Blog: Defining spare parts stock takes specific knowledge

Three new Contiweb dryers in Italy
13 November 2018
Three new Contiweb dryers in Italy
13 November 2018

By Rik van Uhm, Projectmanager Parts Supply Chain at Contiweb

In our last blog we gave five tips for determining the optimal stock of spare parts. Nevertheless, this is a difficult and time-consuming task for many customers. Parts that have failed in the past are easy to identify but what about parts that have not (yet) broken? How realistic is the indicated expected lifetime of a part? How do I determine whether a component is critical? It is high time to look further into this!

Customers try to anticipate (unexpected) downtime of their machines. In many cases this is done by stocking wear parts and also the parts that have caused downtime in the past. This is a good start in reducing the risk of downtime, but in a machine, there are hundreds or even thousands of parts. What is the probability that the same part causes downtime again? Stocking a part that has broken down before only reduces the risk of long unexpected downtime partially.

Experiences from the past offer no guarantees for the future
The different parts in the machine all have a different lifespan. Some parts can break after 1 or 2 years, other parts can easily last for 15 or 20 years. As a press line is purchased for a long period of time, there is a chance that these last-mentioned parts also break once during the life of the machine. It is therefore important not only to stock parts based on experiences from the past, but also to look at the components that have never been failed but could possibly break in the (short) term.

Lifetime depends on application
Manufacturers often indicate an expected lifetime of a part. However, this lifetime is not always achieved because the application, environment and location have a large influence on the life of the part. You can imagine that the same type of part that is in a dryer (and therefore subject to high temperatures and temperature changes) has a shorter lifespan than the same type of part that is in a splicer that is exposed to normal temperatures.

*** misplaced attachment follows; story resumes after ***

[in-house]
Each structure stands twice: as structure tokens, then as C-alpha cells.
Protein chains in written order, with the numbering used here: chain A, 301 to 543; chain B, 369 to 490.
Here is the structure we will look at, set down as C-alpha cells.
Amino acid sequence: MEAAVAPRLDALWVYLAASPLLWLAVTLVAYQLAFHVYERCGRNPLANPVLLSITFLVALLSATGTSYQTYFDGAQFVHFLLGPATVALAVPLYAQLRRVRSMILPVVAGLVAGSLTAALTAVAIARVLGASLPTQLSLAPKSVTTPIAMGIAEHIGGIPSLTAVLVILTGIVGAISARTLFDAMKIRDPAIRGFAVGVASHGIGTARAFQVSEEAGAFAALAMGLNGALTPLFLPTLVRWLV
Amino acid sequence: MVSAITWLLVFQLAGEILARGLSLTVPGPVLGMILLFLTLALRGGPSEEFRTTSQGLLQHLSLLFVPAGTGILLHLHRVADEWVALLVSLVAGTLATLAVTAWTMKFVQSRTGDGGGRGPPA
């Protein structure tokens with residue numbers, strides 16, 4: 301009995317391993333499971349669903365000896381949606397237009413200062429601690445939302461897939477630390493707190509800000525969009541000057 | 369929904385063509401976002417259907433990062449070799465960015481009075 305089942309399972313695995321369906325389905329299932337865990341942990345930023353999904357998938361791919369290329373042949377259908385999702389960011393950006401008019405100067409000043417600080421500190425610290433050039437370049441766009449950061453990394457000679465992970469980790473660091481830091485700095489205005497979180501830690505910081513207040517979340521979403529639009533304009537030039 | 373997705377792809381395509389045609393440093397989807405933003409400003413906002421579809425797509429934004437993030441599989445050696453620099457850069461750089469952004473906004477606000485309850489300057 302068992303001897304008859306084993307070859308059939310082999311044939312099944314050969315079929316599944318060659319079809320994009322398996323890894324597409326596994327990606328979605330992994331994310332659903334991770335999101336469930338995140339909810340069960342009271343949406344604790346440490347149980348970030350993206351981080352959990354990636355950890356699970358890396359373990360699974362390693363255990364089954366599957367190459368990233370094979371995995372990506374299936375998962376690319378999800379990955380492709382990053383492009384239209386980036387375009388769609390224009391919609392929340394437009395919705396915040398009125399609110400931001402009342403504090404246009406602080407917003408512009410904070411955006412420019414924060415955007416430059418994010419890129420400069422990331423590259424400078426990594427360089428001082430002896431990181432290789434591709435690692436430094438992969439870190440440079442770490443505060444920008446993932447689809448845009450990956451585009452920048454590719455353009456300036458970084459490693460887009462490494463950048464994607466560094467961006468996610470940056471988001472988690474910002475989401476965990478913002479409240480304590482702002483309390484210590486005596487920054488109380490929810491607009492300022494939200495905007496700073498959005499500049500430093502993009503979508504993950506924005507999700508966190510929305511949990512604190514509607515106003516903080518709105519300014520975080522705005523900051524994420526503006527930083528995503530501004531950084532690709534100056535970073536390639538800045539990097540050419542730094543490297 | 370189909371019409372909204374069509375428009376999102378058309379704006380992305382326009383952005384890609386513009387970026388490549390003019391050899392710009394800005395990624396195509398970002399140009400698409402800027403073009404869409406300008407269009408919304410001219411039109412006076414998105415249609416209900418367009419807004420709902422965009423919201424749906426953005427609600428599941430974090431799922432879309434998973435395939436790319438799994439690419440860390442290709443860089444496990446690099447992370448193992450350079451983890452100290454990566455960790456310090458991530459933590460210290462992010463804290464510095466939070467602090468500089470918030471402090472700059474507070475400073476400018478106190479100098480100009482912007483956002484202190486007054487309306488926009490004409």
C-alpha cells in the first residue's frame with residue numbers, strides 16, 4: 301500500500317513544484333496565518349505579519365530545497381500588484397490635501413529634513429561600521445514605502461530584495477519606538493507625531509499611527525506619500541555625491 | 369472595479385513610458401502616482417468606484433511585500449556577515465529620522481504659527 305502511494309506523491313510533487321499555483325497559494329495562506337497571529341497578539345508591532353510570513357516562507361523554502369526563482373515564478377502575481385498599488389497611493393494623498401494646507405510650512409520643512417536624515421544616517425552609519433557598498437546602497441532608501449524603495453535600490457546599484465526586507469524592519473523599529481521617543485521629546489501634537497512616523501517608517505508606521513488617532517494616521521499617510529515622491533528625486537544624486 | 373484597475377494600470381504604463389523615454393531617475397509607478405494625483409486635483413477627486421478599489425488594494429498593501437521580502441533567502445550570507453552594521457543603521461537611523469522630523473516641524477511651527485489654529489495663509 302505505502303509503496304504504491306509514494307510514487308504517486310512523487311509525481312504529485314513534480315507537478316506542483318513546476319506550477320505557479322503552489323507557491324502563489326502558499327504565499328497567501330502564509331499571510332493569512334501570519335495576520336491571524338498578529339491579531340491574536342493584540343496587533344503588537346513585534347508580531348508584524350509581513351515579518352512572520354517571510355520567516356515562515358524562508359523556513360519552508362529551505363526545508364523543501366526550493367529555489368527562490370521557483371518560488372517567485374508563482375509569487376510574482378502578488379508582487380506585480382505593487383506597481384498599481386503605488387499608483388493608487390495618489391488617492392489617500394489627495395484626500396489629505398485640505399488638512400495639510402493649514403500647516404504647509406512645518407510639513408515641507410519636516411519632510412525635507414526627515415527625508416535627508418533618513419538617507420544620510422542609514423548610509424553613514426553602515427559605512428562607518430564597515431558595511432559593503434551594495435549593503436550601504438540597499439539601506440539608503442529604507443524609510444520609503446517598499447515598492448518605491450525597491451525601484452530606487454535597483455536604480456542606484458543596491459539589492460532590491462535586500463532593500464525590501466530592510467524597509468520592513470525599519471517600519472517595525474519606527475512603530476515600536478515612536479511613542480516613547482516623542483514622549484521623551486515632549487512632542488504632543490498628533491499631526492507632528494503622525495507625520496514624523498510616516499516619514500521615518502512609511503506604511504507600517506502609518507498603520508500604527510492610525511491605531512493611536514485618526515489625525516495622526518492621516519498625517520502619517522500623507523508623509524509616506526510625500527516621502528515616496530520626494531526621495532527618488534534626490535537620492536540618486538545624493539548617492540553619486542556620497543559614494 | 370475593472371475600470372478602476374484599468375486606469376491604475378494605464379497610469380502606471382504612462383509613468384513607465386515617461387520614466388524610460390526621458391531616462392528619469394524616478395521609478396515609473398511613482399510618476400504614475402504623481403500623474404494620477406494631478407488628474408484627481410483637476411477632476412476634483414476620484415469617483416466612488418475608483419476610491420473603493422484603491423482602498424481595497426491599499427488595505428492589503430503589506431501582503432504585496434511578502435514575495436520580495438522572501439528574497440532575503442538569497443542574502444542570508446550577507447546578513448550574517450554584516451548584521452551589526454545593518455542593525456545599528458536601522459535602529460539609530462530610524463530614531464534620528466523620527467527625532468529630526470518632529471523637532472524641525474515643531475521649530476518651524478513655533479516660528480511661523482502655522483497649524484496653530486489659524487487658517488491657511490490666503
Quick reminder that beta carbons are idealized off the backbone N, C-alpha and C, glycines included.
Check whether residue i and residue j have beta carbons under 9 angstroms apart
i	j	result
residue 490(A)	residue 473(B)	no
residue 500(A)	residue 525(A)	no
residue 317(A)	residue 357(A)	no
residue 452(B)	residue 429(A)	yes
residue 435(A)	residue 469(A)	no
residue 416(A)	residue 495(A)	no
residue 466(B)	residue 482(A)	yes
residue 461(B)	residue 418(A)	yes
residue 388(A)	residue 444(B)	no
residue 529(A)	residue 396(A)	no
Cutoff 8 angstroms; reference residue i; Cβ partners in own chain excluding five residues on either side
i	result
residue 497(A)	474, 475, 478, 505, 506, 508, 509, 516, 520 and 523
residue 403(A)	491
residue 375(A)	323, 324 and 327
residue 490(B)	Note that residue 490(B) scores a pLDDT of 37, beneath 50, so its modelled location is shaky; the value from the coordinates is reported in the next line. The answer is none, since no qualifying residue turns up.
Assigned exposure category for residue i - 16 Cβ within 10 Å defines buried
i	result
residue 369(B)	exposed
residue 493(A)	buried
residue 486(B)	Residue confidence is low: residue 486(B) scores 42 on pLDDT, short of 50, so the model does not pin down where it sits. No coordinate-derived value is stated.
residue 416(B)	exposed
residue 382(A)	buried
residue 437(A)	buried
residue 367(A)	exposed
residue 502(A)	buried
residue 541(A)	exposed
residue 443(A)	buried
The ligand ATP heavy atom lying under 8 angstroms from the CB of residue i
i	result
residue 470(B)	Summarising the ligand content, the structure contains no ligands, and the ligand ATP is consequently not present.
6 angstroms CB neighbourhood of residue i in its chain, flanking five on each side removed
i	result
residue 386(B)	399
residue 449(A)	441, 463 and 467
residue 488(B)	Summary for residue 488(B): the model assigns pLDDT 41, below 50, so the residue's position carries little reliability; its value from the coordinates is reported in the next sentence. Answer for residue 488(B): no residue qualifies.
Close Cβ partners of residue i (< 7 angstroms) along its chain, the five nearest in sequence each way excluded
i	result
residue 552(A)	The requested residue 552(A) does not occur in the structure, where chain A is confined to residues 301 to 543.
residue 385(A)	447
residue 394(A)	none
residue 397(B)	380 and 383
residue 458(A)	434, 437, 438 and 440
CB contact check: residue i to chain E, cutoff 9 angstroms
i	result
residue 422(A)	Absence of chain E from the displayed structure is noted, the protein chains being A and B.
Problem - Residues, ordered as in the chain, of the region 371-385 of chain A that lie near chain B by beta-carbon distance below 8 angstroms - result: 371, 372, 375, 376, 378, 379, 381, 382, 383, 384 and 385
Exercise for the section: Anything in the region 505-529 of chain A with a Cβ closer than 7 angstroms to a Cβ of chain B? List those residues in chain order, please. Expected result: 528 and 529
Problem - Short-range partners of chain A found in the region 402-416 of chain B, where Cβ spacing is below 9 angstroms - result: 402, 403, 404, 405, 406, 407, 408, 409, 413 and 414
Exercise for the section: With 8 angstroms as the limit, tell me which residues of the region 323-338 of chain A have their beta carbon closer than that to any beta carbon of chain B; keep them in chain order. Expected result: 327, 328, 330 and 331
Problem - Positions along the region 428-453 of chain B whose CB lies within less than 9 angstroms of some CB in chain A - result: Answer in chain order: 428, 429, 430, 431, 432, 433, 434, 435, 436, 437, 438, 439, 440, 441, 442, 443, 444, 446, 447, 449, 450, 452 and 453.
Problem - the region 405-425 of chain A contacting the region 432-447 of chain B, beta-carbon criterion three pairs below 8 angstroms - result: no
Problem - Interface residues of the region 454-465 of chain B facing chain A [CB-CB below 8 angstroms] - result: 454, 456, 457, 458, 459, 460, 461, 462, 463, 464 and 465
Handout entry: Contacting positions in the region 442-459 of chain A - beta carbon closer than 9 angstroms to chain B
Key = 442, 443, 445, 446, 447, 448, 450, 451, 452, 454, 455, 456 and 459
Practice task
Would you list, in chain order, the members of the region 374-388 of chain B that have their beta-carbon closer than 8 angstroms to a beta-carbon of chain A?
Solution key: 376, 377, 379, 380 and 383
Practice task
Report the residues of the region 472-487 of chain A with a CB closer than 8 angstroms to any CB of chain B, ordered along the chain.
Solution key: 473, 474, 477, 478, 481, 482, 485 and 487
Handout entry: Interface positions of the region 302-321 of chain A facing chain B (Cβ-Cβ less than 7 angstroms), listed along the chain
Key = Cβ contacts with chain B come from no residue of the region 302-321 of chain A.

What parts are critical?
In addition, it is not always easy to determine whether a component is critical for a machine. Of course, most printers have technical knowledge and can assess a certain amount of the parts themselves but is not evident for all components. Often this knowledge is gathered over the years based on defects that occur while you want to respond proactively to these defects.

Finding out information about the expected lifetime and the critical function of the parts themselves is a huge time-consuming task without the necessary knowledge and know-how. Add to this the fact that the manufacturers often have no insight into how their products last in specific circumstances, knowledge that can only be gained from a user experience.

Specific knowledge
Contiweb has 40 years of experience in building and maintaining machines. Many of the machines that are still running today were built 20 or 30 years ago. To be able to make a good estimation of the expected lifetime per component, Contiweb uses their experience together with data from the diagnosis systems and a consumption analysis of spare parts to determine an accurate average life.

Contiweb can use this valuable data to create a customer-specific Uptime Kit that not only covers the risk of already known defects but also the risk of defects that have not occurred before.

Click here if you would like to read more about Contiweb Uptime Kits.